High Intensive Training During Winter: Our Thoughts

Dec 09, 2015

Over the years there has been many debates regarding the most effective use of the winter months to prepare for the coming year.  With the advance of science and measuring tools to analyse training this debate has been more prominent than ever. Our expert coaches at Dig Deep Coaching have helped guide cyclists and triathletes to success using various training models proving there is no one solution that suits everyone.  You just need to decipher what is best for you.  

The traditional winter ‘base’ training is defined as large amounts of volume at a low to moderate intensity which places enough stress on the body to allow adaptions to take place. The main focus for many athletes using this traditional training routine is to develop a solid aerobic and endurance foundation whereby higher intensive training will be built on as the main objectives in the spring/summer approach. The problem most people have with this training model revolves around having the time to ride the bike the amount of miles and hours in the saddle essential to bring about the training stress and resulting adaptions in your body.  For those people who have families, work commitments and generally other priorities in life other than riding a bike will find it difficult to complete 15 hrs a week in which to commit to this sort of training model.

So for those people who can’t commit to the traditional training base model does that mean they can never expect to see developments in their aerobic ability and endurance?

The majority of people can still develop and improve by using a different take on training prioritisation by incorporating high intensity training throughout the winter in a controlled and specific way which in turn see benefits and improved performances in training and racing in 2016.

The aims of both the traditional high volume/low intensity training model and higher intensive training method is to boost mitochondrial density, when explained, it is the power engines of the body’s aerobic ability allowing riders to train or compete faster and longer.  Increasing the size and density of the mitochondria is the goal.  It enables riders to convert nutrients in fat and carbohydrate into usable energy which ultimately provides more energy to the working muscles. If successful in boosting mitochondrial density and size improvements will be visible at all levels of performance and not just at an aerobic or endurance level. Completing high intensive training during the winter months can also give the same if you have less than 8hrs to commit to training a week you can still hope for bigger things in 2016!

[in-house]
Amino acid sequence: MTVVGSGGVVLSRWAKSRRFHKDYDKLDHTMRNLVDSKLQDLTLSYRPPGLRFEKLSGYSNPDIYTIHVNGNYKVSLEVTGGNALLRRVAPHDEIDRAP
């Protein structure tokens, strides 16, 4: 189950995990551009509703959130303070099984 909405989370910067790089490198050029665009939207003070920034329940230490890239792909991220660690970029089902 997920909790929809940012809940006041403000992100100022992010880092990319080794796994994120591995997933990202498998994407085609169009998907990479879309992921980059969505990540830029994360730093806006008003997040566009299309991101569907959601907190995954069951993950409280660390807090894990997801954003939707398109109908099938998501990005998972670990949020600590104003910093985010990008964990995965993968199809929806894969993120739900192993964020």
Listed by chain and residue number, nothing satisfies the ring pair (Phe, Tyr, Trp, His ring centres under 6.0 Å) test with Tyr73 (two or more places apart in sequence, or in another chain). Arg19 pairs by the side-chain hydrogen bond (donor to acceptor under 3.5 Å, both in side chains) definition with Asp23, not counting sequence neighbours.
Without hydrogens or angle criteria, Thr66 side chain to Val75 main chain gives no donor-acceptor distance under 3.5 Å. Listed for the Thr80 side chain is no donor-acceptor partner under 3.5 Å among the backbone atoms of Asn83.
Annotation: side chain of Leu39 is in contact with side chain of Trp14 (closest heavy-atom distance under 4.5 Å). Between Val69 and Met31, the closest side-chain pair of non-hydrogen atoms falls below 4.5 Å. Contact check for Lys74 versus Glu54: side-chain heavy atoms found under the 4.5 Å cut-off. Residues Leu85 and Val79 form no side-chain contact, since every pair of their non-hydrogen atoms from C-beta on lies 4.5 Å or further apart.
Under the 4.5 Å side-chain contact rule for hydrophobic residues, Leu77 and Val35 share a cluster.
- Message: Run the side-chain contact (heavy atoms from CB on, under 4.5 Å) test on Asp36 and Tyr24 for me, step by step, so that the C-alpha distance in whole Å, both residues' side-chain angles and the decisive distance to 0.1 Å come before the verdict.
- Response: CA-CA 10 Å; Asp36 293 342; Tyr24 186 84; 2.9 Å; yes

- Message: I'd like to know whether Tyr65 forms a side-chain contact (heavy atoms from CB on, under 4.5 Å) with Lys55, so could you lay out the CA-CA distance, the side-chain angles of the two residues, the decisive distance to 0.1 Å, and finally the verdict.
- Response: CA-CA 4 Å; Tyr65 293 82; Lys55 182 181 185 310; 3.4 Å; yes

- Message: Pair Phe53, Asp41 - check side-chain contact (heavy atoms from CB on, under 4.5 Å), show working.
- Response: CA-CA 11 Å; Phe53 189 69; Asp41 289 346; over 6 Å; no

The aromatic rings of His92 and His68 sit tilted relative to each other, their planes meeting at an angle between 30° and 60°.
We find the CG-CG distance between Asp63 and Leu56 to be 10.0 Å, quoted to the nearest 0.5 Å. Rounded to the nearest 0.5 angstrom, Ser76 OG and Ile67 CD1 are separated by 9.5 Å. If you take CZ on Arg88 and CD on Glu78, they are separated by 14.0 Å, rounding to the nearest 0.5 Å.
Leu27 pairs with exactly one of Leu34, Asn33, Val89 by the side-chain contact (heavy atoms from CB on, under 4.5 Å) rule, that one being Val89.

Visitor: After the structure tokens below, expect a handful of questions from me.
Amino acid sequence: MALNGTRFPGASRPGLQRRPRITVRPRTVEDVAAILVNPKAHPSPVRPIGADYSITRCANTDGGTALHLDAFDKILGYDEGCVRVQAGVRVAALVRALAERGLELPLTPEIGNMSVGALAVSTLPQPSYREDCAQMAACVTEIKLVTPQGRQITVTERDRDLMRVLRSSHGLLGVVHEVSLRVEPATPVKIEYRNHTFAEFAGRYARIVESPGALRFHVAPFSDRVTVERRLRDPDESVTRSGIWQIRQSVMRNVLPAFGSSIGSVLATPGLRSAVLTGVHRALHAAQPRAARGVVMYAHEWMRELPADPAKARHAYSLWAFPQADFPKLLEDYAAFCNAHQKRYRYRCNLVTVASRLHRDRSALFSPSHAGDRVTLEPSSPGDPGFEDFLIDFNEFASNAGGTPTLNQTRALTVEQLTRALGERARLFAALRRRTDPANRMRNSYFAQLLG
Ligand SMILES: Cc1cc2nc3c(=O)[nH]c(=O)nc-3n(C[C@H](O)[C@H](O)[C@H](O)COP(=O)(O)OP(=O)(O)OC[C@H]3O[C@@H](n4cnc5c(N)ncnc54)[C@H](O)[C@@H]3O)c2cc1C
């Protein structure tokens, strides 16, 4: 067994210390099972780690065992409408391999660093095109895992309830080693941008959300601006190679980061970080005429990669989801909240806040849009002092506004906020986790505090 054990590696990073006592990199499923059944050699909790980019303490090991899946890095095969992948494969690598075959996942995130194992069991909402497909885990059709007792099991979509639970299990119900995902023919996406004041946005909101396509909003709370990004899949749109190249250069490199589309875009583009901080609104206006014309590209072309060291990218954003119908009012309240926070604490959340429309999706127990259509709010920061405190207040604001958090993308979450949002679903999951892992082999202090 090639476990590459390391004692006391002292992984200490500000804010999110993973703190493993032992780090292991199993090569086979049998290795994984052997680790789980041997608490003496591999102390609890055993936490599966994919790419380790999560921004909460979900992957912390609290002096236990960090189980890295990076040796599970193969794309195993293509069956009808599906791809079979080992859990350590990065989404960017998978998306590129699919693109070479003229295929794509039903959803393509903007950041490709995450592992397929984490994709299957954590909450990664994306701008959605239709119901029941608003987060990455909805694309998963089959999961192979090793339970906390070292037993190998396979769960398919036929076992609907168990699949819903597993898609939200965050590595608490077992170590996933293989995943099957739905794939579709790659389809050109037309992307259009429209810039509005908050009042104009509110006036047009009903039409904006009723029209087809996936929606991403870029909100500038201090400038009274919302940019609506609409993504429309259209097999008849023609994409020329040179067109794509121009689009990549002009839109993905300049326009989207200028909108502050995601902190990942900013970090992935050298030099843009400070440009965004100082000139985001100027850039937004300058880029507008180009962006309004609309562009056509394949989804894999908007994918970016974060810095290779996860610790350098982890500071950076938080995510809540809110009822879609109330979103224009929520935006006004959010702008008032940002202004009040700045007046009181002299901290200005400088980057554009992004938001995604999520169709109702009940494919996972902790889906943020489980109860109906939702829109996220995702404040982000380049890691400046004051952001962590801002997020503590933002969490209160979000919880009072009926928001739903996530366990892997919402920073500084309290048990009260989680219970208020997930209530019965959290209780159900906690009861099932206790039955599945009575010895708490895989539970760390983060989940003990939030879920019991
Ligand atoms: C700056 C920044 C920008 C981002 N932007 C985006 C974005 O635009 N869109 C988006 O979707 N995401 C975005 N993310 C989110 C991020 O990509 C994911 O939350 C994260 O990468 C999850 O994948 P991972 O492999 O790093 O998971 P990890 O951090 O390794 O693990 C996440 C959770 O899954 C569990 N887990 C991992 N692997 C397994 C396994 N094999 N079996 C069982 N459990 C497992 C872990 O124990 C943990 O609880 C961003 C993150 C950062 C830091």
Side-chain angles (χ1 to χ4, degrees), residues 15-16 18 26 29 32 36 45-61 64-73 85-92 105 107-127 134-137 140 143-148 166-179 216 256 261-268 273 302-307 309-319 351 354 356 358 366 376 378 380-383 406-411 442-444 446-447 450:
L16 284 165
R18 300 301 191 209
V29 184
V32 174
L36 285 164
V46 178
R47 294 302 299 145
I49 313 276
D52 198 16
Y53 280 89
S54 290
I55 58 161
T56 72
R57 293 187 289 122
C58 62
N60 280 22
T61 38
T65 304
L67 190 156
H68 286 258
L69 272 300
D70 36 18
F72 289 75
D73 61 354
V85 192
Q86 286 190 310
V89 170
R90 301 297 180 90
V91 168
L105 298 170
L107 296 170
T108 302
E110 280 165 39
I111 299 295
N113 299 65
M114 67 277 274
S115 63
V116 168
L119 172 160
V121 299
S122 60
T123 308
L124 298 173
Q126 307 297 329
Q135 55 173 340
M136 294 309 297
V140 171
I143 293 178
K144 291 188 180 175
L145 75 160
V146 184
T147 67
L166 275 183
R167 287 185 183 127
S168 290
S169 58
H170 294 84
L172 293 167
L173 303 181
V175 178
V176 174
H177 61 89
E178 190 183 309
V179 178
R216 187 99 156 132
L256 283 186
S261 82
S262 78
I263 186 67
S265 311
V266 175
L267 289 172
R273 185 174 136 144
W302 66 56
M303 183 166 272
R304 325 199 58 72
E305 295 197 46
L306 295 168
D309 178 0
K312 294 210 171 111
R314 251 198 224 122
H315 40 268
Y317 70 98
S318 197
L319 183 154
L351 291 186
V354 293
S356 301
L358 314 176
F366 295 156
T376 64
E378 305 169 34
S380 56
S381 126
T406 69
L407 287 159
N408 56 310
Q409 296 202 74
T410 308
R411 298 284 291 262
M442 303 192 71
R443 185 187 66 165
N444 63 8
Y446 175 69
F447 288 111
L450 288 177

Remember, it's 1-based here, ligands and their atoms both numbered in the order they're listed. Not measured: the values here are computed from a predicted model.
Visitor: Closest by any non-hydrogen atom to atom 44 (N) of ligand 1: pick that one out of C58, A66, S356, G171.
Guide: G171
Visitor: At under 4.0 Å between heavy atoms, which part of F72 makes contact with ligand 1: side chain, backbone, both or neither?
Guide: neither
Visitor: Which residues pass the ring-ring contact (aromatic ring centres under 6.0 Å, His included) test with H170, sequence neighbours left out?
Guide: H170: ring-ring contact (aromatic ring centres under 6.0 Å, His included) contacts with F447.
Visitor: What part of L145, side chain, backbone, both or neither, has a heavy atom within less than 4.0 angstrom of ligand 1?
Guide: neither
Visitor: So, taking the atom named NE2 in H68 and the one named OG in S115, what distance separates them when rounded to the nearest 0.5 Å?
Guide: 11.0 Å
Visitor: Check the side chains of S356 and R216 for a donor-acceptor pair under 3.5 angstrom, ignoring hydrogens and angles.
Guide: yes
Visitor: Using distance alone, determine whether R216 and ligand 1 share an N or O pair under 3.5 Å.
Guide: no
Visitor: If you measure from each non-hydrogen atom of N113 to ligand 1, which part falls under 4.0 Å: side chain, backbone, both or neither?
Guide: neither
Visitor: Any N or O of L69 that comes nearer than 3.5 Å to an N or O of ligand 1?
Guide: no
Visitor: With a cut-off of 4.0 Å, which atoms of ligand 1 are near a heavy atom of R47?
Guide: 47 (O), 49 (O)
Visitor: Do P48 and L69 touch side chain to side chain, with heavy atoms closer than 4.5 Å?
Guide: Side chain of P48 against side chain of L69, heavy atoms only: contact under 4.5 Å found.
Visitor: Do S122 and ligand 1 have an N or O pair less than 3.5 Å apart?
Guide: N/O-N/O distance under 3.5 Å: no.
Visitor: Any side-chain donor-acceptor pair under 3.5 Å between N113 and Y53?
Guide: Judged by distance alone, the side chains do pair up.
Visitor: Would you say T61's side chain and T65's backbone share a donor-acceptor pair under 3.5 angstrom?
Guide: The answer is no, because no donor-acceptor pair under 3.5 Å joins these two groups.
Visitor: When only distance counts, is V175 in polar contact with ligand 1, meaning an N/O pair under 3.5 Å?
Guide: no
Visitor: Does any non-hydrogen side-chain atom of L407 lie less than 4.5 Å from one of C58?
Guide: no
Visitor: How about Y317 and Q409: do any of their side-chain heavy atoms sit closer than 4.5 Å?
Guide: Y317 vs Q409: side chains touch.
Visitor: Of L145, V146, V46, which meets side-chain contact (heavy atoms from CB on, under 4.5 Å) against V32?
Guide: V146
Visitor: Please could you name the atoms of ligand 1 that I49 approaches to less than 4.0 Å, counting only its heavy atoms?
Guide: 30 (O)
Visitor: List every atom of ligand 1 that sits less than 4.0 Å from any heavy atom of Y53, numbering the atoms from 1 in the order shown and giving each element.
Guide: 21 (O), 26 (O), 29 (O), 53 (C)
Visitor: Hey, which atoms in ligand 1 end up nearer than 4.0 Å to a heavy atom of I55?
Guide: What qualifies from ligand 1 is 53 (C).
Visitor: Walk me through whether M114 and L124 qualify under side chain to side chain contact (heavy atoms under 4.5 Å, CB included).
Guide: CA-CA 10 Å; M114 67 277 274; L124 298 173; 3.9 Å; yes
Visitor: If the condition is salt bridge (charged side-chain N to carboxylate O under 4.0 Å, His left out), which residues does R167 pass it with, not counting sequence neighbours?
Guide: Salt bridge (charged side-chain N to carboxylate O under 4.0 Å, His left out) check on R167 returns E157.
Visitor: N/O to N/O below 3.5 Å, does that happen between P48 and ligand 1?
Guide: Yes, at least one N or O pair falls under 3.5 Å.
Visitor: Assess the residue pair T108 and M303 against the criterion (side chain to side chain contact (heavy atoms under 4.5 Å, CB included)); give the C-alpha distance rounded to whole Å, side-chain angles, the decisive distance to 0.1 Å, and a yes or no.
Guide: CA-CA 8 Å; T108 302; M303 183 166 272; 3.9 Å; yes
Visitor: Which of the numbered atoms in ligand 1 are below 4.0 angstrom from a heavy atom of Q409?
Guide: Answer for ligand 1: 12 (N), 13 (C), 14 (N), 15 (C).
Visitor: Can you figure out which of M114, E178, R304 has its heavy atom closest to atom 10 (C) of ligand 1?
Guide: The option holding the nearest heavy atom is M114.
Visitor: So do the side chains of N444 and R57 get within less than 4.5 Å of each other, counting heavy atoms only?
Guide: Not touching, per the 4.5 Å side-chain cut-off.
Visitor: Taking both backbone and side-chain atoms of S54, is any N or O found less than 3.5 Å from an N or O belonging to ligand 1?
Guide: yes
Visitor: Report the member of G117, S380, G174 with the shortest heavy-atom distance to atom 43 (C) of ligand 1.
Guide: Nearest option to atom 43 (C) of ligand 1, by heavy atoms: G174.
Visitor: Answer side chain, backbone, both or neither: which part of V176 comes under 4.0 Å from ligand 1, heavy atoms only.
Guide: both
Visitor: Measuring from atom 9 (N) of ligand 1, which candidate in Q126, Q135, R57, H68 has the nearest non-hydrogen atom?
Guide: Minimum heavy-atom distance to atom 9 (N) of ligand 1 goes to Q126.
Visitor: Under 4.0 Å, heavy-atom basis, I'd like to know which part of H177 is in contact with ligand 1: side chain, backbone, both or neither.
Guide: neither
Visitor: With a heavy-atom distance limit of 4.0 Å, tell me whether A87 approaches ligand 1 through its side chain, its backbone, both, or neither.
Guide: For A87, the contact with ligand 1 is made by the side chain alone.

With the worry of training ‘too much’ or being ‘burnt out’ via high intensive riding during the winter months many people feel the high intensive model is not the way forward.  What we would say to those with this mind-set, the training stress of riding 4hrs in cold/damp conditions at a moderate intensity will put a much bigger stress on both your skeletal and immune system than 1hr 30min of controlled intervals. Be critical of the time you have available to train, it is super important to make best use of this time. If you only have 7-8hrs available a week to train and choose to complete most of this in low to moderate intensity then you may find progression will be hindered because of the lack of training stress. The other flip side to this is if you have the ability to do large volume of training, i.e. during a week away in the sun on a warm weather training camp, then using a high intensive training model will not be the best option. This is why making the choice of training model to suit your availability and current level of fitness is very important.


Key to all of the above and for both training models is that it is controlled and completed with forward planning. For those who wish to use a high intensive training model we would recommend the following guidelines

  • Aim to complete 3 high intensive efforts per week, ideally you would have a rest day between each high intensity training session.

  • High intensive training sessions are defined as efforts at or above threshold intensity.

  • Each session should last between 45min to 1hr 30min.

  • The high intensive phase should be rotated in blocks of training, begin with 2 weeks of high intensive training to 1 week of low/moderate intensity. This can be progressed to 3 weeks of high intensity with 1-2 weeks of low to moderate intensity.

  • The aim of the intensive efforts during the winter ‘build’ phase should not be to hit peak powers but to bring around adaptions to allow further development in the spring.

  • We would still recommend at least 1 aerobic low/moderate intensity ride during higher intensive weeks.

Don’t let your fellow winter warriors get the better of you just because you don’t have hours and hours to spend on a bike.  Be specific and targeted in what you do and this will keep you on an even footing with those large mile crunchers. If you wish to take out any guess work drop us a message at Dig Deep Coaching and we would be delighted to help with your 2016 aims.


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Category: Advice News

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